Elk have a weakness for winter wheat.
"It is a bit addictive (for elk),'' said Oregon Department of Fish
and Wildlife biologist Mark Kirsch, who is based in Pendleton.
This addiction got the best of at least 250 young elk this winter, including many that had migrated from Union County, in the McKay Creek area southwest of Pendleton. The elk, 200 of which were calves, died because they had gorged themselves on winter wheat for months, Kirsch said.
The winter wheat did the young elk in because their digestive systems cannot break it down and absorb its nutrients. This means some elk actually died of starvation because they were not absorbing nutrients from the winter wheat.
"They starved to death on full stomachs,'' Kirsch said.
Most of the elk that died likely succumbed not to starvation but to Clostridium infections, Kirsch said. Clostridium is a bacteria found in elk. It attacks the bodies of elk when the animals are weakened by poor nutrition and other factors compromising their immune systems.
None of the dead elk ODFW biologists found at McKay Creek died from bloating, Kirsch said. Bloating often occurs when elk abruptly switch from dried cured forage in the winter to fresh vegetation like winter wheat.
Many elk succumbed from over-eating winter wheat in the McKay Creek area this year because winter conditions hit Northeast Oregon about a month earlier than normal, Kirsch said. This meant elk coming to the McKay Creek area began eating winter wheat a month earlier than normal.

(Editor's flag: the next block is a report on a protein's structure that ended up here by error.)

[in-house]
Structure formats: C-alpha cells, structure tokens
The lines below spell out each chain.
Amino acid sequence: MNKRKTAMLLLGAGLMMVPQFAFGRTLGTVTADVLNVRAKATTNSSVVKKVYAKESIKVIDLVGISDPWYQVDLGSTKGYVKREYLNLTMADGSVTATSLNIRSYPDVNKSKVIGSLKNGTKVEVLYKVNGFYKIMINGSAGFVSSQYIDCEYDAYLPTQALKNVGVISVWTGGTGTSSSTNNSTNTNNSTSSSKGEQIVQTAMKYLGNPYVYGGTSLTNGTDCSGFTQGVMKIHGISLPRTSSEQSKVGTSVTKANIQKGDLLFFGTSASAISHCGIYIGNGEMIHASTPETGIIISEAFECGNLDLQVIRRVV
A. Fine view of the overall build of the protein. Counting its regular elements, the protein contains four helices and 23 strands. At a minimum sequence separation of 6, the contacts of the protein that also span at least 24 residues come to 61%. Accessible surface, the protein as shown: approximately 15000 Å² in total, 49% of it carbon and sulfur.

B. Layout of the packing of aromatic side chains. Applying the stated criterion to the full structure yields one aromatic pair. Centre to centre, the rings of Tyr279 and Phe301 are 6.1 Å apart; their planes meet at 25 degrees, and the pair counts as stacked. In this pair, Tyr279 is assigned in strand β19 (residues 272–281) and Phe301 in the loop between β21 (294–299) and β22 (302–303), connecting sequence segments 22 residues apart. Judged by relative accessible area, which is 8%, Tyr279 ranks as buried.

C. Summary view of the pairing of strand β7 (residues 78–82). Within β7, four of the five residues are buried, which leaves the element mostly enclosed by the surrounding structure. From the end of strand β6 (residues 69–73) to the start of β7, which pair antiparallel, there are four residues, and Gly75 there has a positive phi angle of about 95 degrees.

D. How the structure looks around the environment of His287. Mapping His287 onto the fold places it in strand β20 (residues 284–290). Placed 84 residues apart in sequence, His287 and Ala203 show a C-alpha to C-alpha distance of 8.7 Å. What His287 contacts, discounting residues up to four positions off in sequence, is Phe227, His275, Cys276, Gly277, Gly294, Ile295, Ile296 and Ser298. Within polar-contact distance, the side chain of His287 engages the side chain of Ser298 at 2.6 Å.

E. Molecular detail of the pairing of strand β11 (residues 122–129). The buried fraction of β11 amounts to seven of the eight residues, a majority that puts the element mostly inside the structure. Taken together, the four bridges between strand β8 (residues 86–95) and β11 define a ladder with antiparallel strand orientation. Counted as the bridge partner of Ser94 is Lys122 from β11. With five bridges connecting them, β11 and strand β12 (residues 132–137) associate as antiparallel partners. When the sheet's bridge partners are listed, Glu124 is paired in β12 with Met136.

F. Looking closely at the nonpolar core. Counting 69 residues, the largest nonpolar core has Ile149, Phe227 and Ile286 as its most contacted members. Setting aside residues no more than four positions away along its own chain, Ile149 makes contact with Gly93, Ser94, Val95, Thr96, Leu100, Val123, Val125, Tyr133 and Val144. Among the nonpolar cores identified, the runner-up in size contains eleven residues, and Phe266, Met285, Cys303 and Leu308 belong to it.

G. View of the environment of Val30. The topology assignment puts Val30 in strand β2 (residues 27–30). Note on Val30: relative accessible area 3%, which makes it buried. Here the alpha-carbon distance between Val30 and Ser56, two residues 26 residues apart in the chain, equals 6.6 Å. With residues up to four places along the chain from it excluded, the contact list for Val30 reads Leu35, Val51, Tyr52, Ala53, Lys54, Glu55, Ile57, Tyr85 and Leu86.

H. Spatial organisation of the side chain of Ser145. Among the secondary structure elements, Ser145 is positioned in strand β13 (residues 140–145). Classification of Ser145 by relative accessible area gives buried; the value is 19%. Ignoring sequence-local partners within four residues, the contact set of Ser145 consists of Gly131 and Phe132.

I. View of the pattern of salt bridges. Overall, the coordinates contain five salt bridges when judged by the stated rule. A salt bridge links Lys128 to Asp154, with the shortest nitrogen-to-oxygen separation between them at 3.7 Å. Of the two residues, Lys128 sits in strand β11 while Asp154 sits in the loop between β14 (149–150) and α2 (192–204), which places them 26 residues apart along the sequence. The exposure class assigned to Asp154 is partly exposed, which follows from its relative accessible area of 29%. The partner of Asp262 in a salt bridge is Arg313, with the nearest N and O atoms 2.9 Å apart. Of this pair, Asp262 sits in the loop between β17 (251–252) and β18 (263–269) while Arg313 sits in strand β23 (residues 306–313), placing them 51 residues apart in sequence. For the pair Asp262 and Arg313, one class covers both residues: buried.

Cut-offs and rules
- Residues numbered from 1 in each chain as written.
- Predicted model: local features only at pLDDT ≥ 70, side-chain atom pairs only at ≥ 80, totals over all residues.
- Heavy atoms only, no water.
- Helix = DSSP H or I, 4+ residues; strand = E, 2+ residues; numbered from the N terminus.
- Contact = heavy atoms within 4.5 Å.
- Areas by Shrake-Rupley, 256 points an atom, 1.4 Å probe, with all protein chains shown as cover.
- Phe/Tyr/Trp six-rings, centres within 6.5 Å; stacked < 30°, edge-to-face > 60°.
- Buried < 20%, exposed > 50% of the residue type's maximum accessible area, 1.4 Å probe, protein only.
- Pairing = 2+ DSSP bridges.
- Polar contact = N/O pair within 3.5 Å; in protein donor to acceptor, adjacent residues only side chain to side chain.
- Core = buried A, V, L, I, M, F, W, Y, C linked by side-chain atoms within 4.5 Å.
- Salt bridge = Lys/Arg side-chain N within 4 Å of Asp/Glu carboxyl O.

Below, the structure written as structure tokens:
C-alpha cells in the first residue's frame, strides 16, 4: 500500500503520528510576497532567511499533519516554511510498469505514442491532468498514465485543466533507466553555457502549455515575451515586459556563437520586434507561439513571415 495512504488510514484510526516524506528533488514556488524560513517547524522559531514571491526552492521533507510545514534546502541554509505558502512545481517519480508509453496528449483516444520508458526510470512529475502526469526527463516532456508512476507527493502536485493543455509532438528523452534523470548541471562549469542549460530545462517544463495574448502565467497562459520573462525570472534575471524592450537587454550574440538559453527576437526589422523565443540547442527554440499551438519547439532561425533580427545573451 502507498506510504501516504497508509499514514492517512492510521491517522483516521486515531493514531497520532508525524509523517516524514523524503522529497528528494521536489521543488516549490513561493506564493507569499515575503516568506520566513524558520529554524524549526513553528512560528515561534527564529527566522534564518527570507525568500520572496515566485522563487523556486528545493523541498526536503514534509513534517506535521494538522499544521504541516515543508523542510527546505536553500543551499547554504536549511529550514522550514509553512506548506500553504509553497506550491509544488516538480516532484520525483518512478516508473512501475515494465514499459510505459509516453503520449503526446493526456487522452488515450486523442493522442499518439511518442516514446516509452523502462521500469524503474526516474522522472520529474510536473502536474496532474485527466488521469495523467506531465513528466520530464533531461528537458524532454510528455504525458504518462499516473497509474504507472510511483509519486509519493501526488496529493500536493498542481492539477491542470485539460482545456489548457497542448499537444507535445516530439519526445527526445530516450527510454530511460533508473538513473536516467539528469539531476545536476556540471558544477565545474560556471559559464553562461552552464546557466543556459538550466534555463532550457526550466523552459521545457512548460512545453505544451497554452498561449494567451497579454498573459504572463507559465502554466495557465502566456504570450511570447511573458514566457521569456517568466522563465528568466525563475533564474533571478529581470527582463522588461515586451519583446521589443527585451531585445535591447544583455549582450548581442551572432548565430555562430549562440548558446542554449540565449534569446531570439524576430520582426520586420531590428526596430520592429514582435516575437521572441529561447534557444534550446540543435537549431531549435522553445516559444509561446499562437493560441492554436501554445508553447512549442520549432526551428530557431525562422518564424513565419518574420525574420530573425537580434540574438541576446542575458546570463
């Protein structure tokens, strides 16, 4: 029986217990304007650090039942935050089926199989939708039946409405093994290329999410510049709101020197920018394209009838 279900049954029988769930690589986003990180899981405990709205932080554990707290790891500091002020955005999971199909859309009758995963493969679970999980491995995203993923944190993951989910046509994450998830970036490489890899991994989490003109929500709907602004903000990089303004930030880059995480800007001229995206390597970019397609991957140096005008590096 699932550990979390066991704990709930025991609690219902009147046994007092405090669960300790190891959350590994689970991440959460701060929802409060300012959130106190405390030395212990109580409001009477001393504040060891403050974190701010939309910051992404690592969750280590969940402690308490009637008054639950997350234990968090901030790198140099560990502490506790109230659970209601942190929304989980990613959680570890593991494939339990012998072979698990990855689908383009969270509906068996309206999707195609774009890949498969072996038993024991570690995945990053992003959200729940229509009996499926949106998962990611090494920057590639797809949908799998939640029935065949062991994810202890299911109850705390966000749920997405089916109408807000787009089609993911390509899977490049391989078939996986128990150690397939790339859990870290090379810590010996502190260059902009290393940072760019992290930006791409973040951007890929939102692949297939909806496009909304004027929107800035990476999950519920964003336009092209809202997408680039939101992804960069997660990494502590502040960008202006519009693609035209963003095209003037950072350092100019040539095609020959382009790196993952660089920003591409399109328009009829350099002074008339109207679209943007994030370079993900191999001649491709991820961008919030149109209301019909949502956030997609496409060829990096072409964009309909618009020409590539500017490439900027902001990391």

Elk find winter wheat especially tasty from December through February when almost all the forage available is hard and cured. Once elk discover a winter wheat field, they know no better than to gorge on it.
"It is like giving a young kid the key to an ice cream shop,'' Kirsch said.
Many elk left the McKay Creek area for higher elevations when periods of warmer weather hit and returned when conditions worsened. Unfortunately some elk refused to leave, remaining despite the ODFW's best efforts. ODFW personnel tried to haze the elk off the winter wheat throughout the winter, Kirsch said. Using firecrackers, spotlights, four-wheelers and more ODFW personnel tried to harass elk off the winter fields. ODFW crews hazed the elk five nights a week all winter, Kirsch said.
Some of the elk were successfully run off, but some would leave only to soon return. Others, to the amazement of biologists, refused to leave at all.
"We were not polite. (The elk) weathered a lot of abuse every night,'' Kirsch said.
The biologist said he doesn't know why almost all the elk that died were calves or yearlings, but he has several theories. He said it may be that adult elk are more capable of digesting winter wheat than calves and yearlings. The larger size of adults may also be a factor, Kirsch said. Adult elk can go longer without eating or eating well because they have more fat reserves.
About 3,500 elk converged on the winter wheat fields of the McKay Creek area this winter. More than half these elk had migrated from the Starkey Unit, Kirsch said.
The last time there was a major dieoff in the McKay Creek area due to elk over-eating winter wheat was 16 years ago. The magnitude of the die-off in the winter of 1994-95 was not as great because only 1,600 elk were drawn to it.